TV Show Review

TV Review: AGENTS OF S.H.I.E.L.D.: Season 3, Episode 02: Purpose in the Machine [ABC]

Iain De Caestecker Peter MacNicol Adrianne Palicki Agents of S.H.I.E.L.D. Purpose in the Machine

ABC’s Agents of S.H.I.E.L.D. Purpose in the Machine TV Show ReviewAgents of S.H.I.E.L.D., season 3, episode 02, ‘Purpose in the Machine,’ took a breather, of sorts, to allow key players – mostly absent from the season premiere – to get caught up, loosely connected by Coulson (Clark Gregg), before season 3 really gets rolling.

First up: Grant Ward (Brett Dalton). Last seen regarding the remnants of HYDRA as the answer to his need for a ‘family’ all his own, Ward first demonstrated the difference between his HYDRAnts, and that of the old guard, effectively reduced the divide to a form of class warfare, then went about putting his philosophy into practice. Besides the doughy dopiness of his mark, the ineffectiveness of the mark’s security detail, and the fact that the truth of Ward’s words made the mark the kind of person even viewers might want to torture, Ward’s history telegraphed the whole ruse.

Ward is still chasing after the ghosts of his own family, and following in the footsteps of Garrett. This told us everything we needed to know about his relationship with Agent 33, and the mark reveal suggests more of the same.

For all his wild-and-crazy turns, I fear Ward has become relatively predictable. Given how entertaining his last mentoring efforts have been, however, this latest Quantico stunt could prove to be a real hoot.

The second follow up was reserved for go-to Ward solution, May (Ming-Na Wen); no surprise, then, that Hunter’s (Nick Blood) assignment was getting her to her appointed Ward removal. That’s not likely to happen anytime soon, so the episode took its time to delve further into May’s background. James Hong brought a timeless familiarity to his role, as May’s father – as insightful a figure as someone like May deserves – and the pair definitely had a chemistry.

Her thread sort of ran parallel to her ex-husband, Dr. Garner (Blair Underwood), effortlessly working his way over, under, around, and through various team member psyches – including super head screw, Bobbi (Adrianne Palicki). With that display, it was almost like his character was being groomed for a role expansion. Like he was being fitted for a suit worthy of… I dunno – some kind of Quantico stunt (Quantico also airing on ABC).

On a side note, when Coulson asked Bobbi to fill in as the bus driver, was I the only one asking “can you fly, Bobby?” …It’s a classic film quote. If I had to go into any more detail, I’d be left resorting to a dejected muppet headshake (The Muppets also airing – y’know what, never mind).

The biggest missing elephant from the room was, of course, Simmons (Elizabeth Henstridge); a fact that had the episode picking up where Fitz’s (Iain De Caestecker) tantrum left off. Well, technically the episode picked up several hundred years earlier, with some society of extraordinary gentiles feeding the monolith – in the name of science & discovery. Since the finest of particulates can say worlds about the largest people-grabbing space boulders, the age & nature of the thing seemed right up the alley of a people-pretending space Viking, from another world.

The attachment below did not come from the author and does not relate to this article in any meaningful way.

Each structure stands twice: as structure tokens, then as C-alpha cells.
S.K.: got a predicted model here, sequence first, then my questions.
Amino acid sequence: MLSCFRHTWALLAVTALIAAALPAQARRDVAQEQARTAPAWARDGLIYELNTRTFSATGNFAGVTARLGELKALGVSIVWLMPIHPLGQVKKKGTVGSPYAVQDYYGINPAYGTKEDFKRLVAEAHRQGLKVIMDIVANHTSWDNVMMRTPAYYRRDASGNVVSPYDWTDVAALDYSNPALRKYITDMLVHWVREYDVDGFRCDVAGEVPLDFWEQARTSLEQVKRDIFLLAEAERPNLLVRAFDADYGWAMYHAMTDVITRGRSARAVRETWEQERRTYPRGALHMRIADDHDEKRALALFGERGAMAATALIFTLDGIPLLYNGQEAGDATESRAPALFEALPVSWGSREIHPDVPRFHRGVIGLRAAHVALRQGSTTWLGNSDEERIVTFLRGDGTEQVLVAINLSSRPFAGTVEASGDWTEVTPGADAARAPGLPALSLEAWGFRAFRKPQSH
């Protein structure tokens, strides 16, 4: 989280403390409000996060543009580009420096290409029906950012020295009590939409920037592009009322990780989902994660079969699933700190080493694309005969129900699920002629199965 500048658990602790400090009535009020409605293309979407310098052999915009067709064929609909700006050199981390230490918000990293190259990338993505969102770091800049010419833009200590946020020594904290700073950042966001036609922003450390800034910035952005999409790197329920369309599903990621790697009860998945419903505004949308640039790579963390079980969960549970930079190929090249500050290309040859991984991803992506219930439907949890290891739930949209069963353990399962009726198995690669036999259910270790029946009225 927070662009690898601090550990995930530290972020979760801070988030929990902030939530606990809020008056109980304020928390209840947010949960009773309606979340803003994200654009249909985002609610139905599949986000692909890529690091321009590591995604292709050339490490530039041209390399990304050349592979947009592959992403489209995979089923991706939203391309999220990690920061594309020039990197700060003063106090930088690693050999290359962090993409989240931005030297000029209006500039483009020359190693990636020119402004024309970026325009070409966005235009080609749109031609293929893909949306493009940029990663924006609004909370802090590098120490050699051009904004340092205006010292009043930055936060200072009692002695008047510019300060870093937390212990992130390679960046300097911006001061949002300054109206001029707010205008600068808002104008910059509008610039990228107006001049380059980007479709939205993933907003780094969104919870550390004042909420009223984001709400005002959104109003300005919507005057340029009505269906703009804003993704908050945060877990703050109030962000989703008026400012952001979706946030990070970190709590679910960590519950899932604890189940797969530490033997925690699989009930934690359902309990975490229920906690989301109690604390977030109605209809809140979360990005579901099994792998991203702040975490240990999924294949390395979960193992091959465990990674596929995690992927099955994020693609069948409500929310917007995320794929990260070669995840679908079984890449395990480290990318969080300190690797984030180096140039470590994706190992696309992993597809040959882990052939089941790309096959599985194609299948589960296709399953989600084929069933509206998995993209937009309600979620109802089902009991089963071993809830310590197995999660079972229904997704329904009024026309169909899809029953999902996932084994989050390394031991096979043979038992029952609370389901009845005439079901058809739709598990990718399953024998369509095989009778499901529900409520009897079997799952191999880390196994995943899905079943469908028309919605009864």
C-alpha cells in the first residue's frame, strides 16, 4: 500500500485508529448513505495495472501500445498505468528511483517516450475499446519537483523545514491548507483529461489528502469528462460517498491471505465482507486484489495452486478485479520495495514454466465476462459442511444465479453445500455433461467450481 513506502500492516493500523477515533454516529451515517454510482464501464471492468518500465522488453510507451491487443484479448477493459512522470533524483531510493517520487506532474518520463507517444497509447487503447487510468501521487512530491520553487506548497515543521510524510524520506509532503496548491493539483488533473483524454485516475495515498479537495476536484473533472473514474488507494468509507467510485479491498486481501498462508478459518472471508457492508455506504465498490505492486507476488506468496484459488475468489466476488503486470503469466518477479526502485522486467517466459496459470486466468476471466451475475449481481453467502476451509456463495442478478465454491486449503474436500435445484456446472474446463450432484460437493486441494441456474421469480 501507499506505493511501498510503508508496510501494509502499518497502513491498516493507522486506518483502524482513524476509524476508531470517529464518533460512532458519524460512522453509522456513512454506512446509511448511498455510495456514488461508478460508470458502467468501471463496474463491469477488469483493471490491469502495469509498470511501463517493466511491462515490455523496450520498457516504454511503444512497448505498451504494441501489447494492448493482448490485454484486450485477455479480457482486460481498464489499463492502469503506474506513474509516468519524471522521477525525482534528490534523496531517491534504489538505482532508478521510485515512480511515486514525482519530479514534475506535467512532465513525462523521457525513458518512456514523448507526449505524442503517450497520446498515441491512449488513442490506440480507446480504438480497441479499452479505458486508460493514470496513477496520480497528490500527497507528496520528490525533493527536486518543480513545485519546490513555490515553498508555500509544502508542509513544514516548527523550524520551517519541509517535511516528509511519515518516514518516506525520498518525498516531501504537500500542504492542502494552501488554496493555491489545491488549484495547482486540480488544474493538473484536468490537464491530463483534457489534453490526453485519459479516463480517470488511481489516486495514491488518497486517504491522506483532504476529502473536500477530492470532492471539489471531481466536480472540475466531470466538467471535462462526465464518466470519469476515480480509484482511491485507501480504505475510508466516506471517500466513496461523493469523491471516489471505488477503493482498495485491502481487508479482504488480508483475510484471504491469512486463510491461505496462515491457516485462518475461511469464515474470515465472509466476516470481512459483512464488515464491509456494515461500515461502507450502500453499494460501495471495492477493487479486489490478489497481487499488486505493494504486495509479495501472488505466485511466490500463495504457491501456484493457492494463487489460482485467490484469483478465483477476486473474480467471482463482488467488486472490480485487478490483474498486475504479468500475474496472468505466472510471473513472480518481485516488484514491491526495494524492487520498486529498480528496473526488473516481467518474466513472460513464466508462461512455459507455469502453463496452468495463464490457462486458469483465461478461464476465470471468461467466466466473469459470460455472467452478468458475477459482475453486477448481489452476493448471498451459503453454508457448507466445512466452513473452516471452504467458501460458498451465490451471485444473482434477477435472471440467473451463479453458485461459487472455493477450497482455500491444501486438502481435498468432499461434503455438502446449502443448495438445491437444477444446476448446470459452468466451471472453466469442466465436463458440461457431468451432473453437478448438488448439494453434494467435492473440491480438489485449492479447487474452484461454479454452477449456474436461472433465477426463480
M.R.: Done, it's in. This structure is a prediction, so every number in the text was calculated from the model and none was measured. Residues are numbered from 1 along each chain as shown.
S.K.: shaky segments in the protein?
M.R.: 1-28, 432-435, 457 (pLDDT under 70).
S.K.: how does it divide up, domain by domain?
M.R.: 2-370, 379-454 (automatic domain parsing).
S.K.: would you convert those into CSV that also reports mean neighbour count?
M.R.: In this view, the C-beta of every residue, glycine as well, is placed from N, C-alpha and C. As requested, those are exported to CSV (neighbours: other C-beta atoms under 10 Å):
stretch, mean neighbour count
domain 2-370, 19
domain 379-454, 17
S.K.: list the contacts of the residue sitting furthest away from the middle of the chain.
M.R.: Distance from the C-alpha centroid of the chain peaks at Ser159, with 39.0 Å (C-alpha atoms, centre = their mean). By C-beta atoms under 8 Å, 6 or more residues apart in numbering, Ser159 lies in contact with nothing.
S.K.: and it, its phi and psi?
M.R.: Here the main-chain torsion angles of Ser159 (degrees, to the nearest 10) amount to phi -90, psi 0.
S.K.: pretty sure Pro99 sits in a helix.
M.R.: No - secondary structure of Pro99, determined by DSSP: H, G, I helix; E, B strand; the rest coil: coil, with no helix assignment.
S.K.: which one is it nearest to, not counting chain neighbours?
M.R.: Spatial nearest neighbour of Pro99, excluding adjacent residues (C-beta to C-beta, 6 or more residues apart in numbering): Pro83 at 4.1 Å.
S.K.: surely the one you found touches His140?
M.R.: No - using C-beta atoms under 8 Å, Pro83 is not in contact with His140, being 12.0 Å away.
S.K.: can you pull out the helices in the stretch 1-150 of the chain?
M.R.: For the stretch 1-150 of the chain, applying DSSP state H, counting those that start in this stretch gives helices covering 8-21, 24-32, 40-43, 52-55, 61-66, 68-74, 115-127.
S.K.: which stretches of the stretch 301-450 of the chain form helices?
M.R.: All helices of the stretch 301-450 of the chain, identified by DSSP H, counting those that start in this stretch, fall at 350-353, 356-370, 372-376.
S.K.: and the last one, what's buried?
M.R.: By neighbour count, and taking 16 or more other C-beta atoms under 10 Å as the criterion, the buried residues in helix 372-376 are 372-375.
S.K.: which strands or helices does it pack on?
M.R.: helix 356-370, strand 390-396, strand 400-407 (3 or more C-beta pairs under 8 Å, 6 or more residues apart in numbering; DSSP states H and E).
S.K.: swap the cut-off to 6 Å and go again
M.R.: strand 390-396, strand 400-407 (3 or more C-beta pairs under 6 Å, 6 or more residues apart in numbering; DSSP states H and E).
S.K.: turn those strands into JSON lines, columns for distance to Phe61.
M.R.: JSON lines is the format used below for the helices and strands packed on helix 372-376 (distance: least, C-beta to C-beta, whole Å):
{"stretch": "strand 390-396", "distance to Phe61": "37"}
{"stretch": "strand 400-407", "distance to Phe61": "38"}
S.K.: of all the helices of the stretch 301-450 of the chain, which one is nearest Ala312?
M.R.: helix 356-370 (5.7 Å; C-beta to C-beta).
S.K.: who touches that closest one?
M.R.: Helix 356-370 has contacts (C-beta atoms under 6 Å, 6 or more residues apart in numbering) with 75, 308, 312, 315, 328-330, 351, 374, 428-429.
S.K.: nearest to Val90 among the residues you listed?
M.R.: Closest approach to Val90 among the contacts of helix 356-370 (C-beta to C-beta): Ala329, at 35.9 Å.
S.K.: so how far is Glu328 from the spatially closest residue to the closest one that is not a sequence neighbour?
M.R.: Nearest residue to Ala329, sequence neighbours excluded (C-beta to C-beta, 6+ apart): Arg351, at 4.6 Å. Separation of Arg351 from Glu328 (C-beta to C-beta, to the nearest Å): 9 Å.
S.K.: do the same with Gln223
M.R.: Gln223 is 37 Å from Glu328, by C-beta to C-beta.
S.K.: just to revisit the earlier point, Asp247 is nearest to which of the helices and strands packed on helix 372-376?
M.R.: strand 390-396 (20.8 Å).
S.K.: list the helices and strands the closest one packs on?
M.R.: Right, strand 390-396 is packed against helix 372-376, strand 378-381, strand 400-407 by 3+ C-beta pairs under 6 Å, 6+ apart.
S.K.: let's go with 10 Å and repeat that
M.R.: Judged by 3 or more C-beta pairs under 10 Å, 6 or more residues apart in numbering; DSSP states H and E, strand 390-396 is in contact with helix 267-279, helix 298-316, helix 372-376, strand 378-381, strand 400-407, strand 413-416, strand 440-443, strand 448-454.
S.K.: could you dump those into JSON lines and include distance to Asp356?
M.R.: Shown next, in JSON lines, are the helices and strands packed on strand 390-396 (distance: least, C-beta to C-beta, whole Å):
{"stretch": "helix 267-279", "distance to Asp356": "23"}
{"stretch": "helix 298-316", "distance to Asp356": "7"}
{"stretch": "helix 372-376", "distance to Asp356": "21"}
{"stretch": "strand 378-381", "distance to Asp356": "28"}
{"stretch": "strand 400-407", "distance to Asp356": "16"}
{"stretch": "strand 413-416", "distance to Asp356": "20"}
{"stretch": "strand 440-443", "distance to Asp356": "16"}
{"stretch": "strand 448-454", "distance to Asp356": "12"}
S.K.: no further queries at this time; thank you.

Taking a bit of well-spent time, to reintroduce himself, Professor Elliot Randolph (Peter MacNicol), signed on to Fitz’s expedition. The 19th century lab of the society lent itself well to Fitz going Doc Frankenstein, on his final push to break on through to the other side, and Daisy (Chloe Bennet) – not Skye, Coulson; but thanks for staying in character – kept justifying the show’s budget expansion.

I gotta say, Peter MacNicol has really grown into this character. Playing the mild mannered mere mortal, back when the character was introduced, may have been a typical turn for the actor; but coming out of the closet has added a noticeable amount of heft to Randolph – enough to have all three professionals pay him due respect. That, and he actually kept Coulson busy – since Coulson doesn’t get upstaged easily. Anyone wanting more of the Asgardian Professor (… odd word pairing, there): his reaction to the term “Inhuman” may have been his ticket back, somewhere down the road.

Now, it could have been Fitz feeling out that place, somewhere between Doc Frank & Ahab, but there might have been a hint of his season 2 coherence problem. If that’s what it was, then kudos to Agents for not just sweeping that bit of history under the rug.

The outcome to Fitz’s push could have gone either way, and still likely work (good odds to have). Success would have meant a soft-serve, to character fans (and shippers, damn the lot; but the timely wrap-up of sub-plots was what kept season 2 at a cracking pace. Failure would have meant dragging the sub-plot on (and pissing off the damnable lot); but would have also opened an exploratory parallel arc, to the terran cast pursuing the local effects of that to be explored. The whole point, to those stakes, was that the climax had a genuine sense of suspense to it – and that can be very hard to come by, where central cast members are involved.

Given the actual outcome, and that extra PTSD bit, I’d say we may have gotten a decent compromise out of both scenarios (damned good odds to have had).

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About the author

Sam Joseph

Sam is an Avid consumer/observer of Geek culture, and collector of Fanboy media from earliest memory. Armchair sociologist and futurist. Honest critic with satirical if not absurdist­­ wit with some experience in comics/ animation production.

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